The sheriff’s horse is fresher and he will soon overtake Luke and so our antihero sets up an ambush and shoots the sheriff. (And, no, he does not shoot the deputy.) When Luke approaches the body, he sees that the sheriff is not dead but gravely wounded. Now it’s one thing to gun a fellow down but leaving a wounded man to die under the desert sun is more than Luke can stomach.
Will Luke save the sheriff? Will Mercedes get her man? Will the mob get their hanging? These are the questions that drive the final act of The Taking of Luke McVane.
One thing I really liked about this film is that the heroine takes an active role in the proceedings. Silent films have an undeserved reputation for containing damsels and the old myth about train tracks still gets trotted out. In fact, silent heroines were a feisty lot and quite often rescued their lovers/families/friends, as is the case here. That being said, Hart’s leading ladies did tend to be on the passive side and so it is fun to see Mercedes make monkeys out of the posse.
It has sometimes been said that William S. Hart only had one plot and he used it again and again. While this is an enormous oversimplification, most of his best films did share certain story elements. Hart would play a psychotic killer who gets turned to the side of right either by religion, love of a good woman or some crisis of conscience. Then he would set out for revenge against the villains of the piece. His body count would be just as high or higher than it was before his conversion, mind you, he was just more particular about who he killed.
The Taking of Luke McVane can be seen more as an exercise or a dry run rather than a true Hart film. It has a lot of ingredients that Hart would incorporate into his later films but the seams show in a few places. The climax in particular seems tacked on and only included because no one knew how to end the thing. Contrast this to the apocalyptic fury of Hell’s Hinges (1916) in which Hart takes vengeance for a murdered minister and a vandalized church by burning an entire town to ashes.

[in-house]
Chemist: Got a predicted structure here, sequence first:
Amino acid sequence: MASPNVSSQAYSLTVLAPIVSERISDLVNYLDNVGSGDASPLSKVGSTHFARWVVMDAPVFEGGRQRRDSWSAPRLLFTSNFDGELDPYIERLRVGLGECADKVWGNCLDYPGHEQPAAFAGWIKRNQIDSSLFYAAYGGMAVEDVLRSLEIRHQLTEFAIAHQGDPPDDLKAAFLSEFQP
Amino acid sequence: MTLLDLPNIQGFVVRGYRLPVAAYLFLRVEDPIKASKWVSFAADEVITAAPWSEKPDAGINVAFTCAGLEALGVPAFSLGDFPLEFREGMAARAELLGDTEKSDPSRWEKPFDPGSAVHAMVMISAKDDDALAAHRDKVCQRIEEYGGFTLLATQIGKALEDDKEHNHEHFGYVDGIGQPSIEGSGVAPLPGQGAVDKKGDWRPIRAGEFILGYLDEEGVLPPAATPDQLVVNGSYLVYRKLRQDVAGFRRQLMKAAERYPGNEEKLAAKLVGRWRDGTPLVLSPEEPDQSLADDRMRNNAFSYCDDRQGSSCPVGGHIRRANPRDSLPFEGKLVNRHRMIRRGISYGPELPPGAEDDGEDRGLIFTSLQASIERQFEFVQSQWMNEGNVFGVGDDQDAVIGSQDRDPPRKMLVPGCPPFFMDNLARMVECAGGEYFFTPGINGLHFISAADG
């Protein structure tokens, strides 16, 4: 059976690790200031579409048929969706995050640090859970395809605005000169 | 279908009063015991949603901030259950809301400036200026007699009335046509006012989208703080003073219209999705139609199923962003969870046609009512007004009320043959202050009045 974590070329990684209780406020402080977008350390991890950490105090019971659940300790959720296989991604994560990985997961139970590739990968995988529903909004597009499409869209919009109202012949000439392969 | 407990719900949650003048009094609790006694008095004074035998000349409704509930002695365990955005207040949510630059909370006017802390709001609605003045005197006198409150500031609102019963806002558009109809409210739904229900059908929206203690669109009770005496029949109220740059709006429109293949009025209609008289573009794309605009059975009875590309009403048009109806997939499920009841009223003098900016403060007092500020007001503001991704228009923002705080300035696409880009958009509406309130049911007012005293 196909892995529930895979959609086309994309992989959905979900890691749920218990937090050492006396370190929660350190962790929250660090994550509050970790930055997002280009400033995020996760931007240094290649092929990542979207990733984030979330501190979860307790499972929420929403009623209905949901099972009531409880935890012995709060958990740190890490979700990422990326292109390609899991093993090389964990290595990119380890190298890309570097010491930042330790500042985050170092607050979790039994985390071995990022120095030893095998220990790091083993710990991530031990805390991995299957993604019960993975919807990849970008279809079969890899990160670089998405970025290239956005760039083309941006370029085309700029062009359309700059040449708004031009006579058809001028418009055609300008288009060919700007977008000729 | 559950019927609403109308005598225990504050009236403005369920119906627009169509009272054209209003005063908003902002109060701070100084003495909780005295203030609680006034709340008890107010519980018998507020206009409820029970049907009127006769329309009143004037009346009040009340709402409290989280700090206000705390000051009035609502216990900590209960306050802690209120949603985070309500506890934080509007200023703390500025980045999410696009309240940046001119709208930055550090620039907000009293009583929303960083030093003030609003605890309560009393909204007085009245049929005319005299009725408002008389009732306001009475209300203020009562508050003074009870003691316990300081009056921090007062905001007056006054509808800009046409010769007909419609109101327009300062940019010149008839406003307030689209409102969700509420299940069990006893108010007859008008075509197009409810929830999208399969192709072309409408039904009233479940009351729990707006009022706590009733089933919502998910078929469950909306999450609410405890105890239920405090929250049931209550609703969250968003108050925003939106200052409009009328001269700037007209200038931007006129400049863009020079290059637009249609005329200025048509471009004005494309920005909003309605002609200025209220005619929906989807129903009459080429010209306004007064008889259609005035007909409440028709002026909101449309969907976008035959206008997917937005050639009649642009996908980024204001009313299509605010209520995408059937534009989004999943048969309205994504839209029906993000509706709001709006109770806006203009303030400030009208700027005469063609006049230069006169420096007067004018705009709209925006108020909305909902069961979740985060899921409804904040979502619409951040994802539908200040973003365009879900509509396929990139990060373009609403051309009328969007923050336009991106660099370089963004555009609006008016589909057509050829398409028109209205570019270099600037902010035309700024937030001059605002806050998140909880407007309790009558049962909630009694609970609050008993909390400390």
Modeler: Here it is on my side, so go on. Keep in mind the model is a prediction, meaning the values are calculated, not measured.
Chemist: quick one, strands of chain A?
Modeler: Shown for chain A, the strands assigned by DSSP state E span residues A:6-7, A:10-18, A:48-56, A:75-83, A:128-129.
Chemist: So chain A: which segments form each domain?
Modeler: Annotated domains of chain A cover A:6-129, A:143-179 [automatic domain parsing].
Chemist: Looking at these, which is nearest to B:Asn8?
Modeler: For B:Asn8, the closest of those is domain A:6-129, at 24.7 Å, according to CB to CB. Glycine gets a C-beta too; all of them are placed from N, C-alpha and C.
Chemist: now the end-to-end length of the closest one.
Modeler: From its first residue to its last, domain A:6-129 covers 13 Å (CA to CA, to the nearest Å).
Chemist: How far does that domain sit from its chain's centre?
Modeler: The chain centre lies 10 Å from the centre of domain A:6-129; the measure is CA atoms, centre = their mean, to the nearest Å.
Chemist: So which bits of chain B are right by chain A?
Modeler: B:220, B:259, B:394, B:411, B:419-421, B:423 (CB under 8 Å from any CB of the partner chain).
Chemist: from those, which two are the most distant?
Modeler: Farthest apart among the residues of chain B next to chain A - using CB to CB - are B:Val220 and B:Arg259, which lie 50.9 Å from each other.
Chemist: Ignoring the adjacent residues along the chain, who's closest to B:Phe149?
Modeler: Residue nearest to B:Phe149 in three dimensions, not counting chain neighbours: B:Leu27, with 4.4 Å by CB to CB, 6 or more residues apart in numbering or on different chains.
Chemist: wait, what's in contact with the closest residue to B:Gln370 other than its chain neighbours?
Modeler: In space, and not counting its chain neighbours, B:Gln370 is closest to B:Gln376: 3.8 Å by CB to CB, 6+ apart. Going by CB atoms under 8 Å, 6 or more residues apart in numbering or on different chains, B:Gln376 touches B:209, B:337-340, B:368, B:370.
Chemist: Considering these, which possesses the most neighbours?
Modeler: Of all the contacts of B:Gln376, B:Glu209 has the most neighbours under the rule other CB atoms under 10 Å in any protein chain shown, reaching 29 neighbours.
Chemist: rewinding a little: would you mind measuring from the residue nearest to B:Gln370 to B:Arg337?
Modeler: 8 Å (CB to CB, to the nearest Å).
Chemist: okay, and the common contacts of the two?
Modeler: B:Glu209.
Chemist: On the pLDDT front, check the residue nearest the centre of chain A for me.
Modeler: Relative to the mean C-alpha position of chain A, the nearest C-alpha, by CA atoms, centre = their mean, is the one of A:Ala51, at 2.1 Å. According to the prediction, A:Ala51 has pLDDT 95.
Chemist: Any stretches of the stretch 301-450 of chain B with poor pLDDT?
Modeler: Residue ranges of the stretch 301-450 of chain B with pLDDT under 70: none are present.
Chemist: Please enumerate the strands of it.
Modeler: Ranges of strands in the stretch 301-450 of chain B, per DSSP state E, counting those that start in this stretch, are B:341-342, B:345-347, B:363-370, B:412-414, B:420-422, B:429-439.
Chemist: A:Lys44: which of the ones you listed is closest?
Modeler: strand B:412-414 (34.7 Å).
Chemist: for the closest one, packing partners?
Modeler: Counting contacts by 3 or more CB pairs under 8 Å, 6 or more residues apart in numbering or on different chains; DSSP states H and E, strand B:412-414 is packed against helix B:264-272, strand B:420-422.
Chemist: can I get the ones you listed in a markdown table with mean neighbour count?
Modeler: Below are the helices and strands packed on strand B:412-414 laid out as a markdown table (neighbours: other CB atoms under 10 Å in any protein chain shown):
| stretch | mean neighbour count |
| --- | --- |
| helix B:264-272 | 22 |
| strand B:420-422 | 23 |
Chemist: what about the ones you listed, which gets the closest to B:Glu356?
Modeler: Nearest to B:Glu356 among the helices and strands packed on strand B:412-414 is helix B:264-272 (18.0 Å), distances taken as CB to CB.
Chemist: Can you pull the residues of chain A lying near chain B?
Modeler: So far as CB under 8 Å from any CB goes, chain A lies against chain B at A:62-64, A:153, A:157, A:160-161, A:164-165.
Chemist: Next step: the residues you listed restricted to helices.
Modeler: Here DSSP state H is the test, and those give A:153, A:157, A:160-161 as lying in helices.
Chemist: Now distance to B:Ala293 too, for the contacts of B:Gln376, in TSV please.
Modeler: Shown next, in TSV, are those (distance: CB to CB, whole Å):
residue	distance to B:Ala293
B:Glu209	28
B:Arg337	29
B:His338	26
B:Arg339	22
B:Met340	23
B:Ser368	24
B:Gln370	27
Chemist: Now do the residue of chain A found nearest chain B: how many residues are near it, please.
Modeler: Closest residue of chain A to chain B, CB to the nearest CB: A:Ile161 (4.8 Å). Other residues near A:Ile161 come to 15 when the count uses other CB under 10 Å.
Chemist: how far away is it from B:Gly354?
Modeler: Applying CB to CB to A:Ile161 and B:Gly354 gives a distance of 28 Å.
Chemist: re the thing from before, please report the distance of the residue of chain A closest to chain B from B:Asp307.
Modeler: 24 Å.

(Spoilers in this paragraph) What The Taking of Luke McVane does have on its side is a heaping helping of dramatic irony. Luke nurses the sheriff back to health, is promised a fair trial and agrees to surrender himself. He carries a rose given to him by Mercedes and it is clear she is the reason why he is returning. However, both Luke and the sheriff are killed by Apaches en route to town. If Mercedes had not led the posse away, the sheriff and Luke may have survived. If Luke had refused to return to town, he and the sheriff may have survived. The love story of the picture dooms its lead. (I should note that Hart very rarely died on-screen.)
William S. Hart’s films are not always the easiest for modern audiences to appreciate. True, they have darkness and a high body count but remember that I said that Hart was every inch the Victorian? Well, the other side of the coin is that he also tended to be sincere, sentimental and he included strong doses of old-time religion in his pictures. The resulting films are simultaneously ahead of their time and behind it. This curious combination takes some getting used to but it’s worth the effort.
The Taking of Luke McVane is intriguing because of the foundation it lays down. You can see the Hart persona becoming clearer and clearer in his 1914 and 1915 films and this short added a few more ingredients to the recipe. Is it Hart’s best? No. Most fans choose either Hell’s Hinges, The Toll Gate or Tumbleweeds for that title. Is it worth seeing? It certainly is. You get to see the invention of a screen legend.
Movies Silently’s Score: ★★½
Where can I see it?
The Taking of Luke McVane was released on DVD by Grapevine. Be aware that the versions of this film found on YouTube and other online sources are played at the wrong speed; they are far too slow.